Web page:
Today the last MINI Clubman was produced at the Oxford Plant in the UK. It’s a significant milestone as the final production run of the MINI Clubman concludes 55 years since its inaugural debut in 1969. And it’s a sad day for the fans of the modern Clubman – a car we’ve often praised as the best MINI made today.
Due to moderate sales and a world that can’t get enough of small crossovers, there simply wasn’t room in MIIN’s product mix for the wagon-like Clubman. Beloved for its mix of utility and performance, the Clubman has become a cult favorite for the brand. Despite the passion of from owners, there wasn’t enough to save it as MINI plans to down on crossovers with its next generation of cars.
Distinguished by its unique styling and iconic rear split doors, the MINI Clubman has maintained global recognition but never quite achieved the sales success hoped for. In fact outside of the Japanese market, it never achieved sustained sales volumes that MINI had targeted.
With the Clubman ending production at Oxford, the plant now has additional space for other product lines including the forthcoming F67 MINI Cooper Convertible.
We are incredibly proud to have built the MINI Clubman at Plants Oxford and Swindon over the last 18 years for customers all over the world. With its departure, we look ahead to welcoming members of the new MINI family to our Oxford and Swindon lines, including a new convertible model which we will start to produce at the end of this year.”Dr. Markus Grüneisl, CEO of Plants Oxford and Swindon
Having produced over 1.1 million MINI Clubman models, with half originating from MINI Plant Oxford and exported to more than 50 countries, the Clubman has left an indelible mark on roads globally, with Midnight Black emerging as the preferred exterior color in the UK.
As we bid farewell to the Clubman, we reflect on its iconic history, tracing its lineage back to the classic Mini Clubman of the early 1960s. Introduced as part of the British Motor Corporation’s initiative to streamline the Mini portfolio, the Clubman’s distinct design, longer chassis, and barn-style rear doors set the stage for its enduring legacy.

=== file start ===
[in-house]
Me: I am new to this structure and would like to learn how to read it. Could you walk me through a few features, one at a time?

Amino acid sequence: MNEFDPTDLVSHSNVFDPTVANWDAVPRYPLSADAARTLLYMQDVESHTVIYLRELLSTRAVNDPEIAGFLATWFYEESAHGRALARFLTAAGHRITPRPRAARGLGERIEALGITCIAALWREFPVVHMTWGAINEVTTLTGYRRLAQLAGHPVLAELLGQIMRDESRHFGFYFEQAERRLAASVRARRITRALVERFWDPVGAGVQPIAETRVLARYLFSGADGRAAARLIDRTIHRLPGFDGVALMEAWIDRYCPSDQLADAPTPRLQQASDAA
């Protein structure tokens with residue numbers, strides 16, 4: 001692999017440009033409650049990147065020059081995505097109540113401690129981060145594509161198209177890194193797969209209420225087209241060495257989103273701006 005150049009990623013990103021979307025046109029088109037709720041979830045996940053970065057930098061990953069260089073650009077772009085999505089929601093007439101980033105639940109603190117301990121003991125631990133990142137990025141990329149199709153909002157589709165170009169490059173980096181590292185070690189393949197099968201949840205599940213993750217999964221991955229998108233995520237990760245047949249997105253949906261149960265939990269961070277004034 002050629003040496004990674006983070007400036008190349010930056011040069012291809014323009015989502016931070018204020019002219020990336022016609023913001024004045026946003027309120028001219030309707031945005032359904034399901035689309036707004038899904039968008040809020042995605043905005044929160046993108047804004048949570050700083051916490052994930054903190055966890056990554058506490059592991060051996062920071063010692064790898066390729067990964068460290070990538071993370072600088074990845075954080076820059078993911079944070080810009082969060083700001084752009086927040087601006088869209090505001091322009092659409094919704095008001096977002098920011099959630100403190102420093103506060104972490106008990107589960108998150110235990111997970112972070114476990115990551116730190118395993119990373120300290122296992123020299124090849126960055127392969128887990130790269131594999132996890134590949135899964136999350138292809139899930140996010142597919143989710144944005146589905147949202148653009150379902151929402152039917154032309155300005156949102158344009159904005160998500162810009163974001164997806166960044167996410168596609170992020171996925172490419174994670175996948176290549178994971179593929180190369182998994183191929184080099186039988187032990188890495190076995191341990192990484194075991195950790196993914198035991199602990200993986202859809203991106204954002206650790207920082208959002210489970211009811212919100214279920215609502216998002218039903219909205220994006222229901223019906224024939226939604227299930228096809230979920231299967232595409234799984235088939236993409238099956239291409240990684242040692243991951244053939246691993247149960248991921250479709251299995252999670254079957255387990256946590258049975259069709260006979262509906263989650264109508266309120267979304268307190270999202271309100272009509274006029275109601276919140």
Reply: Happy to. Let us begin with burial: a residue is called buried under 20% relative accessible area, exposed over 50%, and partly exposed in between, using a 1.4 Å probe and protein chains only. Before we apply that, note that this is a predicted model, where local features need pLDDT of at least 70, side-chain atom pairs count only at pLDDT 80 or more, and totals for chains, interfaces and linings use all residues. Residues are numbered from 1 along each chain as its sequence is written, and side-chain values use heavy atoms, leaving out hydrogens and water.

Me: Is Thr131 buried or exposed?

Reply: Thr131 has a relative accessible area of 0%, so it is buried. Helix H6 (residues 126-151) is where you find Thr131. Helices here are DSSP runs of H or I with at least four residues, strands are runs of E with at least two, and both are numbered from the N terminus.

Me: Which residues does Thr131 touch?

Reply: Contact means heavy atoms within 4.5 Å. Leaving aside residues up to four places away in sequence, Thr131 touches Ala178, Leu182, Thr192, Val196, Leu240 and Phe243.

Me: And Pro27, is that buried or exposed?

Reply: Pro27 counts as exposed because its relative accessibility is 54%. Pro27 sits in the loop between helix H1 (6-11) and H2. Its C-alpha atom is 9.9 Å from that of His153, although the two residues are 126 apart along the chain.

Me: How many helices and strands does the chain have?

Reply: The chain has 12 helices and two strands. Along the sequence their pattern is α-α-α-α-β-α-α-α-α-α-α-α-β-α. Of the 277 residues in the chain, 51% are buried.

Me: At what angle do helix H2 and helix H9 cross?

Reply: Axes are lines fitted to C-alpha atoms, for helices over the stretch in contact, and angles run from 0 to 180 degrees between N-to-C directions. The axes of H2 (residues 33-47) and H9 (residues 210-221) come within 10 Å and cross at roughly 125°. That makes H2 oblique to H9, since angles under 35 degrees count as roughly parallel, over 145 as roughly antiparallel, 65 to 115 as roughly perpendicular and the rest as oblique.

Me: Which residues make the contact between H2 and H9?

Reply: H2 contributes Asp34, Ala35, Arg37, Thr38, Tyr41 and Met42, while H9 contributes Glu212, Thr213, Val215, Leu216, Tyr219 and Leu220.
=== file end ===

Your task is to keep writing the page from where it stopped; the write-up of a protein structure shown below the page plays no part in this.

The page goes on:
The rebirth of the MINI Clubman in 2007 after a 25-year hiatus marked a significant moment in its evolution. Retaining signature styling elements, such as the split rear doors, engineers at MINI Plant Oxford faced challenges in integrating modern features, including the unique Clubdoor for easy rear passenger access.
In 2013, inspired by the Morris Mini Van, MINI introduced the innovative Clubvan, the world’s first premium compact delivery van, catering to businesses with its spacious cargo area and flat floor.
The original Clubman was a bit divisive. With the third door on the wrong side for right-hand drive markets, it was looked at as the “other” MINI even but the brand’s own marketing. While we loved the concept, it never really jelled for us as it felt too close to the R56 and didn’t find the sweet spot that the F54 ultimately did in terms of utility and performance.
The third generation in 2015 brought further refinement, featuring four full-sized doors, a capacious boot with up to 1,250 liters of capacity, and the introduction of an 8-speed Steptronic transmission. The Clubman ALL-4, MINI’s first all-wheel-drive model, debuted in 2016. Then with the Clubman’s LCI came the 306 hp Clubman JCW. With a conservative 0-60 time of 4.6 seconds and a top speed limited to 155 mph, it will likely be the fastest ICE power MINI of all time.
The culmination of the Clubman’s journey came in 2023 with the launch of The Final Edition, a tribute limited to 1,969 units, commemorating the year of the original Clubman’s launch. This model featured distinctive design elements, including a Shimmer Copper radiator grille and side scuttles.
Having tested and driven every MINI made since 2001 we don’t shy away from picking favorites. And the F54 MINI Clubman (especially in JCW guise) is at the very top. So much so that we’ve ordered one of the last ones to roll off the assembly line. And since it’s been a few years since we had a Clubman JCW as our daily, we are revisiting it in a three part series. The first was taking a Cooper Final Edition on a road trip through the Austrian Alps and a record snow storm. The second was testing a Clubman JCW on the mountain roads of South Carolina. The third and final test will happen shortly after we take delivery of our very own Clubman JCW.
So the Clubman isn’t gone from these pages and certainly not from the MINI community. It’s only going to be a bit more rare.